Acute Ischemia in Raynaud’s Needs Urgent Care

Internal Medicine News Digital Network


Persistent pain and nonreversible digital discoloration in a patient with Raynaud’s phenomenon are indicators of critical ischemia constituting a medical emergency.

“Raynaud’s patients will often say, ‘My fingers are uncomfortable. I feel pins and needles.’ But when they say it actually hurts, you’re in trouble. Particularly if they say, ‘It hurts beyond my finger, it hurts in the palm of my hand and radiates up in my arm, I have to hang my hand off the edge of the bed to get relief, it’s worse at nighttime,’ then you’ve reached the point of critical ischemia and if you don’t react you’re going to have big trouble,” Dr. Fredrick M. Wigley said at a symposium sponsored by the American College of Rheumatology.

Although pain is the key feature marking a critical ischemic event, nonreversible discoloration is another indication. Affected digits will have well-demarcated pale-blue areas, and upon pressing down and then releasing the finger, no blood reflow is seen, explained Dr. Wigley, professor of medicine and head of the scleroderma center at Johns Hopkins University, Baltimore.

In contrast, reversibility is the hallmark of uncomplicated Raynaud’s. One of the most common triggers is reaching into the frozen foods section at the supermarket. But 15 minutes after rewarming, the discoloration is reversed. Uncomplicated Raynaud’s involves all the digits; the thumb is less often involved than the fingers, but it is not spared.

An acute ischemic crisis requires urgent care. Dr. Wigley’s management approach begins with rest and warming of the affected hand, followed quickly by a local digital block. He injects 2% lidocaine into the web at the base of the affected finger, placing the needle tip close to the digital nerve. This accomplishes two things: It brings immediate pain relief, and it lets him see whether acute vasodilation occurs in response to the injection, an encouraging finding.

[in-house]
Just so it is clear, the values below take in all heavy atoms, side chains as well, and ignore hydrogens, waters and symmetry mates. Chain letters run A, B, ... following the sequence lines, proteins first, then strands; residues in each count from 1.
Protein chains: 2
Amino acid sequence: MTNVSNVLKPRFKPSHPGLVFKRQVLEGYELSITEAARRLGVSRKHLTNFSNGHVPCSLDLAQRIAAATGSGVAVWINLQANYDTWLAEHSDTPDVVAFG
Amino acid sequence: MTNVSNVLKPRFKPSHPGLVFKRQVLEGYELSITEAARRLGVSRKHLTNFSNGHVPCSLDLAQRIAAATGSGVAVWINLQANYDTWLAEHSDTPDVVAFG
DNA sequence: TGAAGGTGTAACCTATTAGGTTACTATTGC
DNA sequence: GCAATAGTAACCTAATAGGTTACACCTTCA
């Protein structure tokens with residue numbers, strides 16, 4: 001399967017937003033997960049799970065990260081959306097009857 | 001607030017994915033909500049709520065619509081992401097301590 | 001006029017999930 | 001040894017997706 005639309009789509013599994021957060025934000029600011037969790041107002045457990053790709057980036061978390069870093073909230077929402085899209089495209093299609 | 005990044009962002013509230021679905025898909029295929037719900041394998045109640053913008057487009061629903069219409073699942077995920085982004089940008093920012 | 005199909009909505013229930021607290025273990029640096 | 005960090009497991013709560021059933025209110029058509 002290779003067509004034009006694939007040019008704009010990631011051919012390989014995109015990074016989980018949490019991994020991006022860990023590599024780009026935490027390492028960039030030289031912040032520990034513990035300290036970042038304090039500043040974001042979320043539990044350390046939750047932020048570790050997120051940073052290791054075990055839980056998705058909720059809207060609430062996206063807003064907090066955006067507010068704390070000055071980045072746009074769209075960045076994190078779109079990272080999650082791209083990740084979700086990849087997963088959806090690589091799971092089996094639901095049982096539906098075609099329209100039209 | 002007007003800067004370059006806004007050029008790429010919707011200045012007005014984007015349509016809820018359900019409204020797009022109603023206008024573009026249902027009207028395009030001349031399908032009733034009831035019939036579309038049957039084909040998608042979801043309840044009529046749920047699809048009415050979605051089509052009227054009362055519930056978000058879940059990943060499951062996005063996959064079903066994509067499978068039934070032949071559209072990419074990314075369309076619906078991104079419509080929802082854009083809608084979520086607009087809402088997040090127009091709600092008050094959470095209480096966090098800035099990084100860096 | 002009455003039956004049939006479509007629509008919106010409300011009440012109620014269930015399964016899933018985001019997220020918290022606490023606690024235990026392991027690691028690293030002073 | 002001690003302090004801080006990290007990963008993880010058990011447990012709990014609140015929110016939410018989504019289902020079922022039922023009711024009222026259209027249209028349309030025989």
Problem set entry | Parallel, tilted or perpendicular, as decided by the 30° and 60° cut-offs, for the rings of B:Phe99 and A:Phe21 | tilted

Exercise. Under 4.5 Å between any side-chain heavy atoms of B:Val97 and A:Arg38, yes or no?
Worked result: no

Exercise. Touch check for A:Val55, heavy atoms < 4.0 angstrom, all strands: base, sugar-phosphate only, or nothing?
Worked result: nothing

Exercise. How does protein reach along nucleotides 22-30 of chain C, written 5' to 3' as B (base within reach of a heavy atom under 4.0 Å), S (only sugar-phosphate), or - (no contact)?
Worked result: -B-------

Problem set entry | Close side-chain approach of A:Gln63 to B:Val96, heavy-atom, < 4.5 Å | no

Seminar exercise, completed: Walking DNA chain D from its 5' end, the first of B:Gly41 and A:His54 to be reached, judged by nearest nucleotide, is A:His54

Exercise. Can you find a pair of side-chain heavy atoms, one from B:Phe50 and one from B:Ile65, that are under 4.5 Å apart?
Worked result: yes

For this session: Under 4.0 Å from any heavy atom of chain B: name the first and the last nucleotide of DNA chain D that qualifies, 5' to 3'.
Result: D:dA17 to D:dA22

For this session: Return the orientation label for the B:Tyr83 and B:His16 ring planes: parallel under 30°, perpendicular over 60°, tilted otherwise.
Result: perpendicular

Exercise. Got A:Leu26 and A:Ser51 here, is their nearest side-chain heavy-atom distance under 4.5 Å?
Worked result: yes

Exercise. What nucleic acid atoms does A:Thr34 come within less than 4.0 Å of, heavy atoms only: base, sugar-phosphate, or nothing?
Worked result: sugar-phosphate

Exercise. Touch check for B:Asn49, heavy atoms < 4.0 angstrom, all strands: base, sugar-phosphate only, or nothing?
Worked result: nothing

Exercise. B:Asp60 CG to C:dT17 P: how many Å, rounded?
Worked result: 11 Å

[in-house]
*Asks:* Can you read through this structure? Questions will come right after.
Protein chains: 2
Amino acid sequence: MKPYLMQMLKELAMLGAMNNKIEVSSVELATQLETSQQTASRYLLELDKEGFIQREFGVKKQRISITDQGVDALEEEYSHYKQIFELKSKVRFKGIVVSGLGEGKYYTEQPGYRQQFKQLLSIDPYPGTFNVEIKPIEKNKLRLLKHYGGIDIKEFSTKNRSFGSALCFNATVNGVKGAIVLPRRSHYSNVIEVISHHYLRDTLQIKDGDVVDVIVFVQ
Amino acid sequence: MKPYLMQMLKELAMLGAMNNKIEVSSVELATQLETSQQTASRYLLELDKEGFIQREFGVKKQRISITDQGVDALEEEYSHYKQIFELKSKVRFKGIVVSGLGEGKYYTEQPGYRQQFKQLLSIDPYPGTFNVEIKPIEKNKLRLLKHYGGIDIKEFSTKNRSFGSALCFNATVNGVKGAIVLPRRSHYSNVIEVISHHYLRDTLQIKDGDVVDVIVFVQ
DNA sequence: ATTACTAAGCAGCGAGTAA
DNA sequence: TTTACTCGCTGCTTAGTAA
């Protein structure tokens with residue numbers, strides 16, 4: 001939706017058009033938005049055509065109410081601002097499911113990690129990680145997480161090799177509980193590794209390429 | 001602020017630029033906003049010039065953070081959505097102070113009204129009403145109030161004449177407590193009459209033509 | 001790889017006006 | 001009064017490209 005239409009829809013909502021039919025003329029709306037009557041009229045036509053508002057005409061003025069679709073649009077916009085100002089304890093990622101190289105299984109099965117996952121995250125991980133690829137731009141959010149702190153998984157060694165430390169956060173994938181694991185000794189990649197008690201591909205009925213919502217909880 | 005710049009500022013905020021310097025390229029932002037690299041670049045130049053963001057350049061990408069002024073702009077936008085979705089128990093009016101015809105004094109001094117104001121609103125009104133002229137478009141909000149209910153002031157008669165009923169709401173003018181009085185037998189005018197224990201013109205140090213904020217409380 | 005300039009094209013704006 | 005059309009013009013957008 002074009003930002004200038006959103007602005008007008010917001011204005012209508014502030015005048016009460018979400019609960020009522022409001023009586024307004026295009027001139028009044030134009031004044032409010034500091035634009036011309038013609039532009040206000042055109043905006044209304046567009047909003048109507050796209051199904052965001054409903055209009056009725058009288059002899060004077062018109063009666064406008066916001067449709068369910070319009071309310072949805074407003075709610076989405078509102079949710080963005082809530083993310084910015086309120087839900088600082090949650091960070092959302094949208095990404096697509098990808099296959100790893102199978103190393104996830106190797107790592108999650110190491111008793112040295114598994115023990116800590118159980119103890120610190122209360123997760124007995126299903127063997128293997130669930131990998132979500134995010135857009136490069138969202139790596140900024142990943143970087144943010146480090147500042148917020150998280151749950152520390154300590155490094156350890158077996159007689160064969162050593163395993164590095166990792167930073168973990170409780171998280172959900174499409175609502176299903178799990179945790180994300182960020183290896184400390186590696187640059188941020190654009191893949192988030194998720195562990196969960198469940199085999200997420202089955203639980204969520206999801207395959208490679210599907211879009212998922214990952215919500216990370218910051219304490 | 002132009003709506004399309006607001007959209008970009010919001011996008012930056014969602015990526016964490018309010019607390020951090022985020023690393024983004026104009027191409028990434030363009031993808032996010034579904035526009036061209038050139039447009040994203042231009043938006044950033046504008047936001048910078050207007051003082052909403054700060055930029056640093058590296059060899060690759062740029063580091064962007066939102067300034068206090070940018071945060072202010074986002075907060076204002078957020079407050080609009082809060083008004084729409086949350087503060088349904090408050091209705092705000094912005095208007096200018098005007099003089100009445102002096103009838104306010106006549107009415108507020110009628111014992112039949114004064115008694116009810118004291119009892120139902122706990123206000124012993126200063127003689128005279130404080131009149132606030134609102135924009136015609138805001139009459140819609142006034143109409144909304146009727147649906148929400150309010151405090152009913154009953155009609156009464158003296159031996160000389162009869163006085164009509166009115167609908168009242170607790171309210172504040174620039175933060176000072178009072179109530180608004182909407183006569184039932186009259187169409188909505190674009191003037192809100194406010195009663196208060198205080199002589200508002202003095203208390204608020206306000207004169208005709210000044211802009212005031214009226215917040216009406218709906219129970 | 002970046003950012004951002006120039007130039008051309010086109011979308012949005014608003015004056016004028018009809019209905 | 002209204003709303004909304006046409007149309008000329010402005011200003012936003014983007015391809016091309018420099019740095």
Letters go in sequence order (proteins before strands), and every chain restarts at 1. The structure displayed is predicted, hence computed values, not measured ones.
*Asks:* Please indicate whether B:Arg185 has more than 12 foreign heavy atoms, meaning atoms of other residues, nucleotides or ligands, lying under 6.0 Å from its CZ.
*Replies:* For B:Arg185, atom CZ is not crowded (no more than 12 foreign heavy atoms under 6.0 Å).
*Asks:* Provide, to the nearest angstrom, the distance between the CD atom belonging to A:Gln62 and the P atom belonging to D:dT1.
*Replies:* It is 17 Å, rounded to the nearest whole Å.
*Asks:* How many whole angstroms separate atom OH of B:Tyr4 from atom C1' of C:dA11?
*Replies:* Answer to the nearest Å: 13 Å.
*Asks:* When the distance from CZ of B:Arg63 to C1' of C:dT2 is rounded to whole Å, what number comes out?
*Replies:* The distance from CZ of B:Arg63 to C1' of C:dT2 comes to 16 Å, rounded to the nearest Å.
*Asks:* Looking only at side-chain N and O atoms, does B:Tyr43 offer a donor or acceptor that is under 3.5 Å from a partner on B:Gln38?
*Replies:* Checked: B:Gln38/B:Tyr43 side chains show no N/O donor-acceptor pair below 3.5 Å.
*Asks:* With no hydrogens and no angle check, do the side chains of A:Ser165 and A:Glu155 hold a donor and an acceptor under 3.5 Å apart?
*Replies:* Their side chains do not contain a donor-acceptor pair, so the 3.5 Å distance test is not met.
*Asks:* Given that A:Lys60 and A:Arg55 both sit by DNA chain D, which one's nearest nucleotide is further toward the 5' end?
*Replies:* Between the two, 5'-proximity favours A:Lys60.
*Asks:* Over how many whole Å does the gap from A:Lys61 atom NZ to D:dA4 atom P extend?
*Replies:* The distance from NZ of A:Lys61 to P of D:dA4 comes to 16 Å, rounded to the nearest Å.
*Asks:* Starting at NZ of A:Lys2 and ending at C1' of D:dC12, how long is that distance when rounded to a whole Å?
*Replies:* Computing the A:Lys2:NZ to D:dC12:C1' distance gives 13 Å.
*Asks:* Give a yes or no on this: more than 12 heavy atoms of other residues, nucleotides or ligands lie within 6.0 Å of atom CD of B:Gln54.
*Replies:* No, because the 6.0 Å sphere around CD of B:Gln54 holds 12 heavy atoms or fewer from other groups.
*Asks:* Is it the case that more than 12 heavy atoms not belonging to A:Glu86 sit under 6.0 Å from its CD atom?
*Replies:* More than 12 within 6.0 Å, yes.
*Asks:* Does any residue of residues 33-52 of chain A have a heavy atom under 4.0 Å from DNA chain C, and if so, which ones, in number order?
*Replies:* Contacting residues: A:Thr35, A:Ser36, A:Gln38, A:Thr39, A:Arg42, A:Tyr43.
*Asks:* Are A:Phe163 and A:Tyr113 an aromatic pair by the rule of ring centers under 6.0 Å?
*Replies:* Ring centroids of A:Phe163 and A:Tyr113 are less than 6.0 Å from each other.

If the patient isn’t already on oral vasodilator therapy with a long-acting oral calcium channel blocker, he starts amlodipine immediately. In an acute ischemic crisis, Dr. Wigley resorts to low-dose epoprostenol infused into a peripheral vein at 0.5-2.0 ng/kg per minute continuously for 3 or more days. To avoid hospitalization, he allows patients to undergo the prostacyclin infusions on an outpatient basis and go home at the end of each treatment day.

Although it’s not a well-studied intervention, 48 hours of anticoagulation with unfractionated heparin or low-molecular-weight heparin makes sense in a patient with acute, rapidly advancing digital ischemia who is at risk of losing a digit, he said.

Dr. Wigley disclosed that he has received consulting fees and/or research grants from Actelion, Amira, KineMed, MedImmune, Novartis, Orion, Pfizer, and United Therapeutics.

Copyrighted 2011. International Medical News Group. 78136-1x:0611JM

Note:  Dr. Fredrick Wigley is a member of the Raynaud’s Association’s Medical Advisory Board.